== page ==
Professional Heart Rate Testing (EKG)
An EKG is a painless, risk-free method to diagnose heart problems including heart pain, irregular heart rate, and heart attack, and common heart disorders.
If you are experiencing heart problems or symptoms that may suggest problems with the heart, your doctor may recommend an EKG, also known as an ECG or an electrocardiogram. This simple procedure takes 5 to 10 minutes and is completely painless and risk-free.
Some reasons why your doctor may recommend an EKG:
· Annual screening
· Signs/symptoms of Heart Attack
· Heart rate above 100 or below 60
· Irregular heart rhythm
· High blood pressure
· High cholesterol
· Cigarette smoking
· Family history of heart disease
· Fainting, loss of consciousness
Other functions of an EKG:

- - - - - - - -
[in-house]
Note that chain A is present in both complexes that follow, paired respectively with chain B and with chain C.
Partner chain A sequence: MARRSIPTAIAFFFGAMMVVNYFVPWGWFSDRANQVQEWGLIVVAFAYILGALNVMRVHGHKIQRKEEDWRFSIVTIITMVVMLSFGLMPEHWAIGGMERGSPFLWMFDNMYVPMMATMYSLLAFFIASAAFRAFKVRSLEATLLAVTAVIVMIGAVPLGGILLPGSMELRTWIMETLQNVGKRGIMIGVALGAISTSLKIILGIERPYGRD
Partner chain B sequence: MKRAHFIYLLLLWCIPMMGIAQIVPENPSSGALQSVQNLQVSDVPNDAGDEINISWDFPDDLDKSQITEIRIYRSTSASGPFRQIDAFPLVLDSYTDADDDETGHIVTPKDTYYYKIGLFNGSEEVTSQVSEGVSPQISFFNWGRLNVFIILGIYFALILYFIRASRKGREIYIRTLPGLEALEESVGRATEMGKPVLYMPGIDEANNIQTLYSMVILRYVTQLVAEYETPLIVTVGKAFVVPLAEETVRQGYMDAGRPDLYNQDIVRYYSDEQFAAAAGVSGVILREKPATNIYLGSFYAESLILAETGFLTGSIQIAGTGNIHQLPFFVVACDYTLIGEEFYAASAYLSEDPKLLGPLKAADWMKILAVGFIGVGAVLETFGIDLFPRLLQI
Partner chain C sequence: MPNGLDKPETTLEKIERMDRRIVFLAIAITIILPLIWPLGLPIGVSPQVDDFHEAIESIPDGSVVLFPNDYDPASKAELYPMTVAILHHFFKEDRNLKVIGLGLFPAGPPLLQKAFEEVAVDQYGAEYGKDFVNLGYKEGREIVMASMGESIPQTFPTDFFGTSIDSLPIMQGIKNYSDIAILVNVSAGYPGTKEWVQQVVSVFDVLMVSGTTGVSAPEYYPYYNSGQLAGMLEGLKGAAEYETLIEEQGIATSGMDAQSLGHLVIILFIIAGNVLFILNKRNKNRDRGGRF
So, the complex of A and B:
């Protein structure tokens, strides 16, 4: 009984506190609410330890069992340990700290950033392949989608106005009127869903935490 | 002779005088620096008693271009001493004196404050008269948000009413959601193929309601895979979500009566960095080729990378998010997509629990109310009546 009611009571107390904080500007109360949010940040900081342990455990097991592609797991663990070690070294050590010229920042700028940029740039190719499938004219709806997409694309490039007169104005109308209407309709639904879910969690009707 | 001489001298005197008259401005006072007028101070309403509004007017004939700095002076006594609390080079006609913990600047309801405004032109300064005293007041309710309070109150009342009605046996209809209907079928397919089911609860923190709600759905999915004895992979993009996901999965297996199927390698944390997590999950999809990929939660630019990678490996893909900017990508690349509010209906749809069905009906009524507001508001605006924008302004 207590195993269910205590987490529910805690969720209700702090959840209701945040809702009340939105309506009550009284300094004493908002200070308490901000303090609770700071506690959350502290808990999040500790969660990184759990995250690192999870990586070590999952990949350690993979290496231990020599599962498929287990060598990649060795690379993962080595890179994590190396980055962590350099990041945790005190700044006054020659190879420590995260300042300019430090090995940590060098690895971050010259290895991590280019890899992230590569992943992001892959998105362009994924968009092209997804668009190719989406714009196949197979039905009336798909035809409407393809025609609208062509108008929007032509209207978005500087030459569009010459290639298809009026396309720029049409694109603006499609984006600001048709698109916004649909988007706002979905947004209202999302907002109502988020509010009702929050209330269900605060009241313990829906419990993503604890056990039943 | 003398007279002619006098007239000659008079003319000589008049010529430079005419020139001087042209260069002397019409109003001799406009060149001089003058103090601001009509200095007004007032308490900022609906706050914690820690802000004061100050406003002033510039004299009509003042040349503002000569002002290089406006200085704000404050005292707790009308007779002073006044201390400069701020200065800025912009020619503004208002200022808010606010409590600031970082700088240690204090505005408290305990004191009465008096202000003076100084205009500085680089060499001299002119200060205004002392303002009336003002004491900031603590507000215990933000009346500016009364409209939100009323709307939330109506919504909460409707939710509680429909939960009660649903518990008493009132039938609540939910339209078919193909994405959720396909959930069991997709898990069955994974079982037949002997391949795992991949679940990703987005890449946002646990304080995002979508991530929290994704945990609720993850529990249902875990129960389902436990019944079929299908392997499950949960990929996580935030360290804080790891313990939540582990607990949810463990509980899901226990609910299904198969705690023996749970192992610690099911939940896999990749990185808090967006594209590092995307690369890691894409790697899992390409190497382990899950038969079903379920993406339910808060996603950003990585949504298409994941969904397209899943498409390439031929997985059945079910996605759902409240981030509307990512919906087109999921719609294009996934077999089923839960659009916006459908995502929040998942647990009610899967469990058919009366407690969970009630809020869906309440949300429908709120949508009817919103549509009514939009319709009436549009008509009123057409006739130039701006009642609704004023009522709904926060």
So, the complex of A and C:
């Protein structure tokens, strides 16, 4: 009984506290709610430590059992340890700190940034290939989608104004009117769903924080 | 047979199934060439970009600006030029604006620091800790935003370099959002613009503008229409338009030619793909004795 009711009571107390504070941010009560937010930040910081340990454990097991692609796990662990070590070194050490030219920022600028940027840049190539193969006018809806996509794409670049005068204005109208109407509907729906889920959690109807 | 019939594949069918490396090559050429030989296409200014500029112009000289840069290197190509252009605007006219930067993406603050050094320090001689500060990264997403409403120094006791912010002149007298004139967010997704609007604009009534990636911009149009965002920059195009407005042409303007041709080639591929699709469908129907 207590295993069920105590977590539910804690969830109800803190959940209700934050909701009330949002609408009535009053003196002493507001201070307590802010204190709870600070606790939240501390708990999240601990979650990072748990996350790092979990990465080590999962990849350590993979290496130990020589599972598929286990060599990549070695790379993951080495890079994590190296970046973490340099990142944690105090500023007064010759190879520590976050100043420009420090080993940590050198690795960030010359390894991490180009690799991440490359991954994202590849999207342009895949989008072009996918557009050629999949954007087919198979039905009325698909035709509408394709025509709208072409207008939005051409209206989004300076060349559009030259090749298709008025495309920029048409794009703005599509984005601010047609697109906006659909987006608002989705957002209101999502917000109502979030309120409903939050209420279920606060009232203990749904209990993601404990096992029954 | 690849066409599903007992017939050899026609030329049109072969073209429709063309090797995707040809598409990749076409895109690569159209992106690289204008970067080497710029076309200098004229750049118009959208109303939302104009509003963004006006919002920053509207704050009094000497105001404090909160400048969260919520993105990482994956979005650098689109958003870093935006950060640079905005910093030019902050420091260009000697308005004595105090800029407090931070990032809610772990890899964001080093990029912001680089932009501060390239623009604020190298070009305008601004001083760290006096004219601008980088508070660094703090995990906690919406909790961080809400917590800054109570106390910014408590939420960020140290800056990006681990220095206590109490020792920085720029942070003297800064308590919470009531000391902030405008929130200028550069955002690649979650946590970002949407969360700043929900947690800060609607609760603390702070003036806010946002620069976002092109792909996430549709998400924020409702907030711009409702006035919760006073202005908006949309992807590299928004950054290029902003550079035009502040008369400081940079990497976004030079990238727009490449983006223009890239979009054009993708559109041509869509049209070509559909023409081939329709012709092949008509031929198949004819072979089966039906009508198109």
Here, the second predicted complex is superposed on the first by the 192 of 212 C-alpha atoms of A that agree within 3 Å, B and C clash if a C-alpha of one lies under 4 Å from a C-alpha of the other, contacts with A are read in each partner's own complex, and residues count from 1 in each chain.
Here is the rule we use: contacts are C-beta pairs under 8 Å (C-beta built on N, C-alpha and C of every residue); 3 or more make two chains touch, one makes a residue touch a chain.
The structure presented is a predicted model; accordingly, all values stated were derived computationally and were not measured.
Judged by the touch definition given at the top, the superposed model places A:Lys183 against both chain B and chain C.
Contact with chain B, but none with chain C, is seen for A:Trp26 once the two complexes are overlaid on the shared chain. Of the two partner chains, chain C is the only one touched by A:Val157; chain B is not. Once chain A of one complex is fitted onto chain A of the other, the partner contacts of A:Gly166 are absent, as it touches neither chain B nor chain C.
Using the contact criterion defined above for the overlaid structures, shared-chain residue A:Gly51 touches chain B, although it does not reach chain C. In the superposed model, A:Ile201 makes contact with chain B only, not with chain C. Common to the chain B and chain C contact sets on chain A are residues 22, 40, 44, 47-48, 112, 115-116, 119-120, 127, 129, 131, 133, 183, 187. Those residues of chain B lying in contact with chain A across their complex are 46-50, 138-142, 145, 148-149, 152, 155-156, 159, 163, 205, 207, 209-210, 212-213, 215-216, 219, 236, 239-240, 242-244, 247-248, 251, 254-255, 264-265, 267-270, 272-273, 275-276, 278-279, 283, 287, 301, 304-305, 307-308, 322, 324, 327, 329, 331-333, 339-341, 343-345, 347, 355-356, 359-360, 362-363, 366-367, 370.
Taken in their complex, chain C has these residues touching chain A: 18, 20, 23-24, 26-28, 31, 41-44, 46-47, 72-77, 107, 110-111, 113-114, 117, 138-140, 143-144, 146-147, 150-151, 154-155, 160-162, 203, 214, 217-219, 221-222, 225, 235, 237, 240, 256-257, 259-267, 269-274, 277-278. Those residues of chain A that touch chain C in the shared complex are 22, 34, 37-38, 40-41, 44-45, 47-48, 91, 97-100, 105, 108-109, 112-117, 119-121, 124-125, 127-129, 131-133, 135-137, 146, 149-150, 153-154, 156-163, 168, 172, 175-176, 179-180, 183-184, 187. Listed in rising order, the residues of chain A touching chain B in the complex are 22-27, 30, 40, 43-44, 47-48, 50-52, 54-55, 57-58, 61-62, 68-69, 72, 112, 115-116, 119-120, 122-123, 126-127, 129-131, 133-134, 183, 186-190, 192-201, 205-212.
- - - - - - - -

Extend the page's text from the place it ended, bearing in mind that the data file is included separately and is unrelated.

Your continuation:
· To find the cause of chest pain, heart attack, or inflammation.
· To determine if the walls of the heart chambers are too thick.
· To observe the effects of a heart medication and check for side effects.
· To check if a pacemaker or other implanted device is working properly.
· To monitor the heart rate of a hospital patient.
What to do on the day of your EKG:
Do not exert yourself before the test. Go about your regular day but avoid stress and exercise. The procedure works best when measuring your resting heart rate.
Make sure your doctor knows about every medicine you take, prescription or non-prescription.
Take all medications as you normally do, so your doctor can see it’s effects, if any, on heart rate.
Make sure your doctor knows about any alcohol and substance use. This information is protected under doctor-patient confidentiality.
Discuss any other concerns with doctor. Remember that an EKG is safe and painless but talking about it may help you relax.
Remove all jewelry and metallic items. Let your doctor know about any metal parts.
You may be provided with a gown or other clothing that does not contain metal.
Lie down comfortably on the bed or the padded table.
Some hair on your arms, legs, or chest may need to be shaved.